BOSTONA phase I study led by researchers at Beth Israel Deaconess Medical Center has demonstrated that a factor VIII gene therapy-based treatment for severe hemophilia A is safe and well-tolerated. The results of this first human investigation of hemophilia A gene therapy also showed that the treatment, which was derived from patients own cells, may be effective in reducing the occurrence of spontaneous bleeding, a frequent and potentially lethal symptom of the severe form of the disorder. The findings are published in the June 7 issue of the New England Journal of Medicine.
The study, which utilized a nonviral gene therapy system developed by Transkaryotic Therapies (TKT) of Cambridge, Mass., involved six patients with severe hemophilia A, a deficiency of the blood clotting protein called factor VIII. Each patient was treated with his own cells after the cells were genetically modified in a laboratory to express factor VIII. While the study was conducted to determine whether the treatment was safe, the researchers found that four of the six patients had elevated plasma levels of factor VIII activity after receiving the genetically modified cells. This increase coincided with a decrease in bleeding and/or a reduction in the amount of factor VIII needed to treat bleeding. In addition, two of these patients experienced no episodes of spontaneous bleeding during a 10 month period following treatment.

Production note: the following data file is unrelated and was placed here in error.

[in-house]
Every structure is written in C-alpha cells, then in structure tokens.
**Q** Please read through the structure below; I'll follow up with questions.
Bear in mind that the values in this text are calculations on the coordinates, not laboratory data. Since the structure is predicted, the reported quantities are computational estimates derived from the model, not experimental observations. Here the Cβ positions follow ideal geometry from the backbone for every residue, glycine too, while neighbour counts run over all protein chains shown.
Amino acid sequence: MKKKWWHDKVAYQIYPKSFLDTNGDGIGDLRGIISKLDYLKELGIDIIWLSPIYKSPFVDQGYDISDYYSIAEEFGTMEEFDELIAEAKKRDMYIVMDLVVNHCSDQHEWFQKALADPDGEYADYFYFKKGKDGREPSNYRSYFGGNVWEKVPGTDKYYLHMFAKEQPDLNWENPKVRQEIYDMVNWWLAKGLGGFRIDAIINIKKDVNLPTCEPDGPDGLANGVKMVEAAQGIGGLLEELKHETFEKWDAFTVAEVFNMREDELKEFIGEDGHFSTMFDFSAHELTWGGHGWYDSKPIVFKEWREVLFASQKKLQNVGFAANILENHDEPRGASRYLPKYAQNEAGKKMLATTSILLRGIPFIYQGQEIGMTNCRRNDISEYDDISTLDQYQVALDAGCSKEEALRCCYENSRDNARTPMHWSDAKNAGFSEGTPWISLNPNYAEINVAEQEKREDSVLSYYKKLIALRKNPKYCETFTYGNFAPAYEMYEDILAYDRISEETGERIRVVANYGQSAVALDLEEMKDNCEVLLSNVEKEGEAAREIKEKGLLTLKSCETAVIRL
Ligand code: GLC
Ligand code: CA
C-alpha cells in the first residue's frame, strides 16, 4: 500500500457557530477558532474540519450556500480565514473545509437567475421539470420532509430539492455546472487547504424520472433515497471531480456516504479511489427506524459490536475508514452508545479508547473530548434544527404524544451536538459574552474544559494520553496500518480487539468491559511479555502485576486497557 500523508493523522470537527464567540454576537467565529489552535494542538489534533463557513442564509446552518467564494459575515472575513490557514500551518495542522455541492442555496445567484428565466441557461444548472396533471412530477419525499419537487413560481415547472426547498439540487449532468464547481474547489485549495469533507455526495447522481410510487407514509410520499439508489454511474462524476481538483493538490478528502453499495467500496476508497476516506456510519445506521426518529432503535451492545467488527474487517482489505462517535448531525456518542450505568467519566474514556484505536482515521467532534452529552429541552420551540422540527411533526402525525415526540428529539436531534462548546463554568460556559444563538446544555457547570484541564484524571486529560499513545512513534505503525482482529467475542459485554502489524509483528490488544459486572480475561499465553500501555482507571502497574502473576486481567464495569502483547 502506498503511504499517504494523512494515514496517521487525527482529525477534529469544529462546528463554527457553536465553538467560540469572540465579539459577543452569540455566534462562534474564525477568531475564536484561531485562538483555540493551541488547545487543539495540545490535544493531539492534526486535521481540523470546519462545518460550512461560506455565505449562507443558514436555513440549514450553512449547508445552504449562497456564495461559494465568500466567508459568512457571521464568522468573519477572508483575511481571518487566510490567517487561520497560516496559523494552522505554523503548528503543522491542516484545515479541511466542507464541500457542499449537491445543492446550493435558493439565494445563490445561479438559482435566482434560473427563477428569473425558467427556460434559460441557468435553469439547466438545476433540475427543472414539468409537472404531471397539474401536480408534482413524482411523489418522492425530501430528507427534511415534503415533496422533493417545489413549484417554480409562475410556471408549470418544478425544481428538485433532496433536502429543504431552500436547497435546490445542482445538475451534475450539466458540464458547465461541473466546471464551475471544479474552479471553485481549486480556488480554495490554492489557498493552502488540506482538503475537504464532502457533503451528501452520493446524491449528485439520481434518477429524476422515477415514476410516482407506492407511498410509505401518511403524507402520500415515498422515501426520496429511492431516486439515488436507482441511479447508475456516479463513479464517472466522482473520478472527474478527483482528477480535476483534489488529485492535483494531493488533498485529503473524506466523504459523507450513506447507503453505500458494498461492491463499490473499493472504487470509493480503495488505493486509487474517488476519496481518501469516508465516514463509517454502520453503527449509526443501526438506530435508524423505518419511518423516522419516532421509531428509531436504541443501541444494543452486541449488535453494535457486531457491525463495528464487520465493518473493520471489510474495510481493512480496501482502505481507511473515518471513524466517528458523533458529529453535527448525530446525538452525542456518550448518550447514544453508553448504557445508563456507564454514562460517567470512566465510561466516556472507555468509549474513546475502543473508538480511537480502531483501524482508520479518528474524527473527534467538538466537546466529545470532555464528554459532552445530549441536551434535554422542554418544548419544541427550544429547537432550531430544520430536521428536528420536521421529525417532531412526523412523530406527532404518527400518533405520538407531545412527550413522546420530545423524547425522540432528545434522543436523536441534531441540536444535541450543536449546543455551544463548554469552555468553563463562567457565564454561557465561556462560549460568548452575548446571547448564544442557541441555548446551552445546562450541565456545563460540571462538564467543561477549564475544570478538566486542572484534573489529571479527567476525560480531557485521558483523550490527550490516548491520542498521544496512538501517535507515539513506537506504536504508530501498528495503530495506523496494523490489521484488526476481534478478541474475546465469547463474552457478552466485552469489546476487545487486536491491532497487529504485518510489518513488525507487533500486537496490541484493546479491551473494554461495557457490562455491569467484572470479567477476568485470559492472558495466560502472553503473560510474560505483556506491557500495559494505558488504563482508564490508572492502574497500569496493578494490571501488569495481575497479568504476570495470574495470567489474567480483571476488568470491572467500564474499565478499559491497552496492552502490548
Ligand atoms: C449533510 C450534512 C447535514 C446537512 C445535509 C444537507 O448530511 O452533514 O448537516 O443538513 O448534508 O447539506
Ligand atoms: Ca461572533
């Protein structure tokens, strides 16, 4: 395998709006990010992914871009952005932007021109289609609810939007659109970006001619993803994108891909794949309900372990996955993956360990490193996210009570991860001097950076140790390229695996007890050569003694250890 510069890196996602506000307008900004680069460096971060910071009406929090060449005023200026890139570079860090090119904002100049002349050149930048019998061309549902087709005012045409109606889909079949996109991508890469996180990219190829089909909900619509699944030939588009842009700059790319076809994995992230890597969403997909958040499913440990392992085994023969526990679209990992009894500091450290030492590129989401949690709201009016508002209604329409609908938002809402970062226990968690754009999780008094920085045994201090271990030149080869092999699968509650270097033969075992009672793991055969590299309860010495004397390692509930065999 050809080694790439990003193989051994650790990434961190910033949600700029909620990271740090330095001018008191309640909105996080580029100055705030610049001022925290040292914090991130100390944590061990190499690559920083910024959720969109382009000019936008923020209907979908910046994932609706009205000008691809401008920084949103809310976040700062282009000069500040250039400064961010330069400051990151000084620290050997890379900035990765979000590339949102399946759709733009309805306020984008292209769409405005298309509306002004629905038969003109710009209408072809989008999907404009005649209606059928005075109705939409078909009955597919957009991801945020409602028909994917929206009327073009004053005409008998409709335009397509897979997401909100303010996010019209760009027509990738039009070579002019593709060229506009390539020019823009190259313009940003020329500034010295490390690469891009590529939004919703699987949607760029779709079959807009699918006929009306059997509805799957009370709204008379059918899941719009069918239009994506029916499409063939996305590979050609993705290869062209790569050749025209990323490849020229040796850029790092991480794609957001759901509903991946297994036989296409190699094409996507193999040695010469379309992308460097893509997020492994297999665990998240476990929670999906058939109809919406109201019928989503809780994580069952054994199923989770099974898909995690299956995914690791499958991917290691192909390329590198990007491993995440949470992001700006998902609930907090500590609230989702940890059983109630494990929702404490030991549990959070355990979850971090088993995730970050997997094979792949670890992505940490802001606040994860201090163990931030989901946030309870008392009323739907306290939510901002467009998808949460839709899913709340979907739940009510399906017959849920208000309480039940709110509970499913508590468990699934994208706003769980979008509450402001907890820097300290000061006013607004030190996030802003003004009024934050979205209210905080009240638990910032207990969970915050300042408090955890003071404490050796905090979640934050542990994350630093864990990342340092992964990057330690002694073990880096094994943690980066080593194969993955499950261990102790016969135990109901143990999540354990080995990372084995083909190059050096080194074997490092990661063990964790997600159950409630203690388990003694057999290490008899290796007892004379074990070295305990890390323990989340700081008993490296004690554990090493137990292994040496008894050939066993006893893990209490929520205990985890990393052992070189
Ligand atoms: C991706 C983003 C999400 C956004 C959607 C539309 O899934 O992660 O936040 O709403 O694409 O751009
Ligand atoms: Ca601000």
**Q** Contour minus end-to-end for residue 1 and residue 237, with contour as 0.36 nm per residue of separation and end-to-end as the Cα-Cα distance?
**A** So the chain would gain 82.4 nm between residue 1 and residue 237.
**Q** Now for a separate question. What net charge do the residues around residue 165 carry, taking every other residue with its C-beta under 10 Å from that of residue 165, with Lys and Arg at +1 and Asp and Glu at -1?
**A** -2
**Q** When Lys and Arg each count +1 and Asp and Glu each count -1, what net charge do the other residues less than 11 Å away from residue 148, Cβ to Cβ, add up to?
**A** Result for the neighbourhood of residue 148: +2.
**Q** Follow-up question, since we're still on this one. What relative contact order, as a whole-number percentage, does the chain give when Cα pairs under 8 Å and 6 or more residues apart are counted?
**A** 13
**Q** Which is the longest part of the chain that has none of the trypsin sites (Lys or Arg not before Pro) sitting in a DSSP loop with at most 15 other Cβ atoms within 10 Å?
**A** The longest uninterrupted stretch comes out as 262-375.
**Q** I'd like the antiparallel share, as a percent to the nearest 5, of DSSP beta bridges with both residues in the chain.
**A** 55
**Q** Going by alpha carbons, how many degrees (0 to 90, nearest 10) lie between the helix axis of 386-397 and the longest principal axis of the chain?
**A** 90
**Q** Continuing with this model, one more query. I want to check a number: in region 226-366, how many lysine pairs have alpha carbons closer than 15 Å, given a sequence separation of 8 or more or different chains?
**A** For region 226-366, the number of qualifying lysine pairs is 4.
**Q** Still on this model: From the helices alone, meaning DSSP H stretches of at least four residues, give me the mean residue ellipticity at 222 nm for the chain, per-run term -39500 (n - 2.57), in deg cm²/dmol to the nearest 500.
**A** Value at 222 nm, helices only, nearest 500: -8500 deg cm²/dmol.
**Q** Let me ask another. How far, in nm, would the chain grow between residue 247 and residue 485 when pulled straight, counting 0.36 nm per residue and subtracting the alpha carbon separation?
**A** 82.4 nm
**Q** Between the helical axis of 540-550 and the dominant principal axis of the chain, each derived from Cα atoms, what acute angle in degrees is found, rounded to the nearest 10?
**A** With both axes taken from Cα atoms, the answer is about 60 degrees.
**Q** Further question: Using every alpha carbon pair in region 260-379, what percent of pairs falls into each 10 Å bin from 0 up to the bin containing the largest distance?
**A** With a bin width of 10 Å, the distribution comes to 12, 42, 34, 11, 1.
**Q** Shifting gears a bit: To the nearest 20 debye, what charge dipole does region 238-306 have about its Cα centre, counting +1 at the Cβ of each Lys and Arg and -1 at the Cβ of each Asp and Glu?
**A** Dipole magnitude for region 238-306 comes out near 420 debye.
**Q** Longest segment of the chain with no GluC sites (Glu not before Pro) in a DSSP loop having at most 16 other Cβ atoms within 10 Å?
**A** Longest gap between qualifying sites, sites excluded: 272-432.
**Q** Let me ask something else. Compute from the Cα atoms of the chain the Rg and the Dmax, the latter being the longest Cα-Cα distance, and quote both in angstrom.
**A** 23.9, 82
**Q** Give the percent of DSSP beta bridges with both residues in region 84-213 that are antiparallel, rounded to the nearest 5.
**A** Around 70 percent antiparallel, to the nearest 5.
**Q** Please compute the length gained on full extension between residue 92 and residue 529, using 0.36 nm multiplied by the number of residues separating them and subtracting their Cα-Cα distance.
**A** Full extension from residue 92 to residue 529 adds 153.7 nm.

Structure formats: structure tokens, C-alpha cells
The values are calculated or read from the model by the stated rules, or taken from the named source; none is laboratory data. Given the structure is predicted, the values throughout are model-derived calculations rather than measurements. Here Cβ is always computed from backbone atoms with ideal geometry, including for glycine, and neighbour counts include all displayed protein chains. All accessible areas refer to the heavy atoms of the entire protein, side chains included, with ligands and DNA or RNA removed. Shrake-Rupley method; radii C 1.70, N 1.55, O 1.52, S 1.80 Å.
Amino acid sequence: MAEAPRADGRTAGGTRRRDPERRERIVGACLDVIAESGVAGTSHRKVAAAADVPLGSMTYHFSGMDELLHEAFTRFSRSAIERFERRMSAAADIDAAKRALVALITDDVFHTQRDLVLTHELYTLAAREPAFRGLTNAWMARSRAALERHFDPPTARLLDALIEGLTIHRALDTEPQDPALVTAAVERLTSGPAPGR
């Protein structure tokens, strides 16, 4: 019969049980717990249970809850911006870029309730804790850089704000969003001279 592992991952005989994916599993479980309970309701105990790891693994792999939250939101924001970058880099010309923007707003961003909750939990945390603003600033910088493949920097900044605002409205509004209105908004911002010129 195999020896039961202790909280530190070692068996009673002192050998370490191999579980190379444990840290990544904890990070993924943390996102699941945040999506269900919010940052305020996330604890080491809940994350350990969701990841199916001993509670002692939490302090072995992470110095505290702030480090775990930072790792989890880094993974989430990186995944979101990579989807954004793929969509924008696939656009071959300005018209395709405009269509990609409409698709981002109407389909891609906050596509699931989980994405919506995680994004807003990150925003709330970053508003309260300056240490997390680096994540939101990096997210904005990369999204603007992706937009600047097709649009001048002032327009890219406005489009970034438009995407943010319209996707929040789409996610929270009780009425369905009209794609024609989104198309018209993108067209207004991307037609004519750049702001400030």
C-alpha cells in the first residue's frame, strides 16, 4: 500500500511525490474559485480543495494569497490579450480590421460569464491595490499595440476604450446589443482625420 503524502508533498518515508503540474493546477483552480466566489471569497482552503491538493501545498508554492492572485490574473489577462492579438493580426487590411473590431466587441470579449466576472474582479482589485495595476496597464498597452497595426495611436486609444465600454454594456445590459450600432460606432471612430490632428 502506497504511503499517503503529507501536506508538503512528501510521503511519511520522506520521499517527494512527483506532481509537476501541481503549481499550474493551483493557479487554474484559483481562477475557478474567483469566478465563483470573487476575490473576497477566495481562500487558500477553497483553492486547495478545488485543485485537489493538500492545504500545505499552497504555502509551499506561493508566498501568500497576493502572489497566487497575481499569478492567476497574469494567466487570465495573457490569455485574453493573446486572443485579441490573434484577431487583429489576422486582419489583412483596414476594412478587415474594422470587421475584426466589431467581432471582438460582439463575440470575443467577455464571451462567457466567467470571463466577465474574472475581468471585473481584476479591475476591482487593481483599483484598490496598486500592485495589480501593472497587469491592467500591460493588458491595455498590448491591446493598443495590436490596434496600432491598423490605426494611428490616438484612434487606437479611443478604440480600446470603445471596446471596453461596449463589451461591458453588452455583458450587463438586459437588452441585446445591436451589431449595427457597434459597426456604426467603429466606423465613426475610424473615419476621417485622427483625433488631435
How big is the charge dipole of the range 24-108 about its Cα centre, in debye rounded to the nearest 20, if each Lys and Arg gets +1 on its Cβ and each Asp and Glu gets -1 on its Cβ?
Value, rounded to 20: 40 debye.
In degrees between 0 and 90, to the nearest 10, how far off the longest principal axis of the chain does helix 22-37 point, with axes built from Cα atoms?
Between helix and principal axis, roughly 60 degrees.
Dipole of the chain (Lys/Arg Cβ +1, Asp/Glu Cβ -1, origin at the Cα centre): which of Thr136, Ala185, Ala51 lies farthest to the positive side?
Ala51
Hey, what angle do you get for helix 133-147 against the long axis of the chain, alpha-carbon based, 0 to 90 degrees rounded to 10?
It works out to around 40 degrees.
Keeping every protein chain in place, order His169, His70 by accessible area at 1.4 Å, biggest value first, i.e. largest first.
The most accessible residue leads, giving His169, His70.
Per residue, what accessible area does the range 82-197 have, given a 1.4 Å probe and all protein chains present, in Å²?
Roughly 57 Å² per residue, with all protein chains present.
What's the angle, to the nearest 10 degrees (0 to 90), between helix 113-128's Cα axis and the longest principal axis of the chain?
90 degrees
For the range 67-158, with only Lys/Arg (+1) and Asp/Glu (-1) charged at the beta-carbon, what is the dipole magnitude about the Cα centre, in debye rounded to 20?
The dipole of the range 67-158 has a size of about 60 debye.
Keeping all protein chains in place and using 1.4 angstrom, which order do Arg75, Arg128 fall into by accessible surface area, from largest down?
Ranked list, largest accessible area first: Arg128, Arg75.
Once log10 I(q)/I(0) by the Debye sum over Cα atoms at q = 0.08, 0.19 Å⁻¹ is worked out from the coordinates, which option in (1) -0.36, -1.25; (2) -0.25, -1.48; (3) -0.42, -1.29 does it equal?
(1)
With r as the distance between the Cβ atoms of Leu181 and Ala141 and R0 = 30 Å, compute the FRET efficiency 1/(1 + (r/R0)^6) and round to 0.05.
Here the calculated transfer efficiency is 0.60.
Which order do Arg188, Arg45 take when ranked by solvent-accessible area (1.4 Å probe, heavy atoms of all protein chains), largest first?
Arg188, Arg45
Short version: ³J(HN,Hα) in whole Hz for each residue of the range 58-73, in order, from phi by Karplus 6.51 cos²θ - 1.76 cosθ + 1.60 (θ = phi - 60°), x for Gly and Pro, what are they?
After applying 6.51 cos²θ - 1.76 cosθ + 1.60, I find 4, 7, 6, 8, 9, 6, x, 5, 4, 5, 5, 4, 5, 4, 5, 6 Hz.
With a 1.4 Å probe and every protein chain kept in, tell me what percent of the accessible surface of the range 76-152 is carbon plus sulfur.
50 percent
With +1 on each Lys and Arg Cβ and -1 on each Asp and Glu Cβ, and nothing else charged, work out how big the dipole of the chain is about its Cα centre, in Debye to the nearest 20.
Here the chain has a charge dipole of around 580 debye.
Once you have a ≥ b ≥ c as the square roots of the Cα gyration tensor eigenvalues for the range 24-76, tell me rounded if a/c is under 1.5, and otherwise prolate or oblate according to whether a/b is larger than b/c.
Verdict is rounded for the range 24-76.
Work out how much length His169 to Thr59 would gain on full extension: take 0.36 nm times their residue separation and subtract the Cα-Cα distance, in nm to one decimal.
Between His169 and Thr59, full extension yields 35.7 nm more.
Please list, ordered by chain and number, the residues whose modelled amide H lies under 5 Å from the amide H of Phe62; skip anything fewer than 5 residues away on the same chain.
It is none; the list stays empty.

"It is greatly encouraging to see that this treatment is safe, that no immune responses to factor VIII developed in any patient, and that no patient developed side effects from the genetically modified cells," says David A. Roth, M.D., director of hemophilia clinical research at Beth Israel Deaconess and the studys principal investigator and lead author. "There is still a lot of work that needs to be done on these and other patients before we can move on to future studies to formally evaluate efficacy, but we are optimistic based on the clinical responses we ob
Contact: Bill Schaller
Beth Israel Deaconess Medical Center